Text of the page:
Canon: 54 (not including M-mount) + 13 APS-C lenses and 2 Teleconverters.

These include: normal and telephoto zooms, primes, macro lens, tilt-shift lenses, and manual focus lenses. (Plus those Teleconverters).

Neither Canon nor Nikon could cover that range with new-mount lenses for many years, if ever.

Adapters will be strategic items in the Canon and Nikon catalogues

This follows from the above. But it is also essential from the user-perspective.

Many users of the new cameras will start with just the camera plus an adapter.

Many users of the new cameras will continue to use at least some SLR-mount lenses with those cameras for very many years, perhaps the rest of their lives!

These adapters must not be treated only as temporary/tactical items. They are here to stay, possibly with the occasional upgrade.

Weights and sizes (and prices) of adapters

For illustration:

The Nikon Z 7 weighs 335 grams less than a K-1-series. The Nikon "Mount Adapter FTZ" weighs 135 grams. Even with an adapter fitted, the Z 7 weighs less than a K-1-series.

These adapters weigh vastly less than many of the current Canon and Nikon lenses they will be used with.

Analogy with Teleconverters

Teleconverters are different types of equipment! But they share a feature of lens-mount adapters: their users fit them between their camera bodies and their lenses.

Teleconverters typically cost a lot more than these lens-mount adapters. And they typically weigh more. (The Pentax DA 1.4x Rear Converter is an exception at 126 grams).

For example, Canon Teleconverters may weigh 200+ or 300+ grams. Nikon's, from nearly 200 to about 300 grams. Tamron's and Kenko's, either side of 200 grams.

People don't appear to complain about the weights of their Teleconverters, even though they are typically heavier than the new-mount adapters. I don't believe the weights (or prices) of these adapters will be much of an issue with users.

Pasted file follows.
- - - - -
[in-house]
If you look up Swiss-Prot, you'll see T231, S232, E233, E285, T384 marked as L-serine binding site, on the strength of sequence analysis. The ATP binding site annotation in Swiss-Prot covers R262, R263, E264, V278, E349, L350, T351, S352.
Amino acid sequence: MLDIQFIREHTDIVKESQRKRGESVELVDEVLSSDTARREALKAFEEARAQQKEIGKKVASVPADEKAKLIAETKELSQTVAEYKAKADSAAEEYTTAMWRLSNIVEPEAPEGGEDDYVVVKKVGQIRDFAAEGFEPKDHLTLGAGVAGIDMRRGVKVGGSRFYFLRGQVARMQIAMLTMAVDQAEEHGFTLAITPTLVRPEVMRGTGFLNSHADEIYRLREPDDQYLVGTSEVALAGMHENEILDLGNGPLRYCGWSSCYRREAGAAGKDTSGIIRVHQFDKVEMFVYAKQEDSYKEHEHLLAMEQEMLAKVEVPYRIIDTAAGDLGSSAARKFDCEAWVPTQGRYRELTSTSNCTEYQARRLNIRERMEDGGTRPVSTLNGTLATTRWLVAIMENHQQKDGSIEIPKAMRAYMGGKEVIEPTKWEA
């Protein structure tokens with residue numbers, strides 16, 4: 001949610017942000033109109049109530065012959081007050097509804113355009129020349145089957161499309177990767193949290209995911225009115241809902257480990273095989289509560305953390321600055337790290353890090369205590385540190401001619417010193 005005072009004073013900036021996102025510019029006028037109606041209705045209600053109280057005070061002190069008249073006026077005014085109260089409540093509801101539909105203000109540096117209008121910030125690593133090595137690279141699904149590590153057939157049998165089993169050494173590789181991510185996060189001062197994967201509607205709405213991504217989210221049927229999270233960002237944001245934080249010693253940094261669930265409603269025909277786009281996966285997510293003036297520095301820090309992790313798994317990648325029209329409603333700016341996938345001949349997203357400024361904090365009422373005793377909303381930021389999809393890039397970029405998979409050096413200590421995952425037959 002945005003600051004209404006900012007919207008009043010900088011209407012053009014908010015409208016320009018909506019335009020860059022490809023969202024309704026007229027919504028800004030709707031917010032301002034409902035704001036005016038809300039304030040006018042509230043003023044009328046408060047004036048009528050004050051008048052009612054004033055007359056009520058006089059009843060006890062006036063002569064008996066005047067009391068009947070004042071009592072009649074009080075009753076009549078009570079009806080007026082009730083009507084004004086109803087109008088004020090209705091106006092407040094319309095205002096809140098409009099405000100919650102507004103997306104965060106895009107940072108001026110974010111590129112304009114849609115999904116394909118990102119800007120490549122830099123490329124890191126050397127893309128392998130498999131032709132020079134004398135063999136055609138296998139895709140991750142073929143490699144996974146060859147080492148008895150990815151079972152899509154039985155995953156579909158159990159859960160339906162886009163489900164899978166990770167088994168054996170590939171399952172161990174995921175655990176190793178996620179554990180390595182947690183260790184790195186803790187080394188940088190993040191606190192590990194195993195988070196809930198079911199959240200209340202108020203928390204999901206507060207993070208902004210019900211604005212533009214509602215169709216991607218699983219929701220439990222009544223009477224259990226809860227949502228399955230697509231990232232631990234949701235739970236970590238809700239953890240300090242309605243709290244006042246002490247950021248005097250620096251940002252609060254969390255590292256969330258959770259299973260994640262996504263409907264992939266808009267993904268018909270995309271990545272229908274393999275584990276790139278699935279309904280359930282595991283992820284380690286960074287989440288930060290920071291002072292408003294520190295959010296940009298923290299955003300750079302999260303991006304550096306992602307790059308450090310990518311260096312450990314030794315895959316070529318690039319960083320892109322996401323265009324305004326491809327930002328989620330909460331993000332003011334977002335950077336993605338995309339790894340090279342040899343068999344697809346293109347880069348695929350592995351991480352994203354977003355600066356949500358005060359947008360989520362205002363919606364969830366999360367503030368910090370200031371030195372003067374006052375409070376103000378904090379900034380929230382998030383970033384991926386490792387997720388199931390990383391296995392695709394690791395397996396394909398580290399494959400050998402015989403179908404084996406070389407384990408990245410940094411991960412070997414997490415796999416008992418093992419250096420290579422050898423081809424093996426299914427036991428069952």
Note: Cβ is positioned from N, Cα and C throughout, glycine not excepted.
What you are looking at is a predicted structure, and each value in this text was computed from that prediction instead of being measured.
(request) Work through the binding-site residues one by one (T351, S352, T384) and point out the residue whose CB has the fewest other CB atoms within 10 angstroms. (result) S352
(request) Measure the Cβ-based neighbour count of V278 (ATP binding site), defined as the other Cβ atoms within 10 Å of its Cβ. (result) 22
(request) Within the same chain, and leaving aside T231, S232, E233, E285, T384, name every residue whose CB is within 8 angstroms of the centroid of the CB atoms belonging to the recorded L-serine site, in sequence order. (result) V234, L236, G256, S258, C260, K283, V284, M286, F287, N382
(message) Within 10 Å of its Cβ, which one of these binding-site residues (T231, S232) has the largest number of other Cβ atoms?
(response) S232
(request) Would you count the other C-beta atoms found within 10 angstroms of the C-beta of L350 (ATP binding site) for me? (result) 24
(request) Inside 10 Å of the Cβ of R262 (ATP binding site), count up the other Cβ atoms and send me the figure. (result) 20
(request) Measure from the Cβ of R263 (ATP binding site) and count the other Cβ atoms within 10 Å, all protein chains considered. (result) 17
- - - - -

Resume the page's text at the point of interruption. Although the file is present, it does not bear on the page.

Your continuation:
Prices of adapters

I'm not seeing what I would consider to be excessive prices for the adapters.

(Although I suspect the Canon "Drop-In Filter Mount Adapter" plus the drop-in filters themselves will be too expensive for many people).

I also also observe kits/bundles, which considerably reduce their price. "Camera back plus adapter", or "Camera back plus mid-range zoom plus adapter".

Lessons for Pentax

The first lesson for Ricoh management is that these new systems from Canon and Nikon are changing the marketplace compared with a year ago, and any decisions based on last year's situation need to be re-visited.

(Perhaps this will confirm whatever decision they made last year. Or perhaps not).

If they haven't already started development, (and I have no evidence that they have), it will take X years before they can release their first such camera. What will be important isn't what the environment and market is now, but what it will be in X years time.

And that will be significantly different from now, as evidence and experience appear, more Canon and Nikon new-mount cameras appear, and some existing Pentax users adapt to the new situation.

I've already thought about what my reaction might be to a mirrorless FF camera: probably positive . (Perhaps not so positive about an APS-C camera).

References

[1] Initial lenses:

Nikon:
24-70mm f/4
35mm f/1.8
50mm f/1.8

Canon:
24-105mm f/4
28-70mm f/2
35mm f/1.8 macro
50mm f/1.2

[2] Nikon 3-year roadmap:

Nikon roadmap for their new-mount lenses.

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Ricoh WG-6 Panasonic LX100 Ricoh GR III Pentax K-7 Pentax K-3 II +27 more
DougOB
DougOB Senior Member • Posts: 1,107
Re: Summary of "adapters" @ 2018-09-08

Barry Pearson wrote: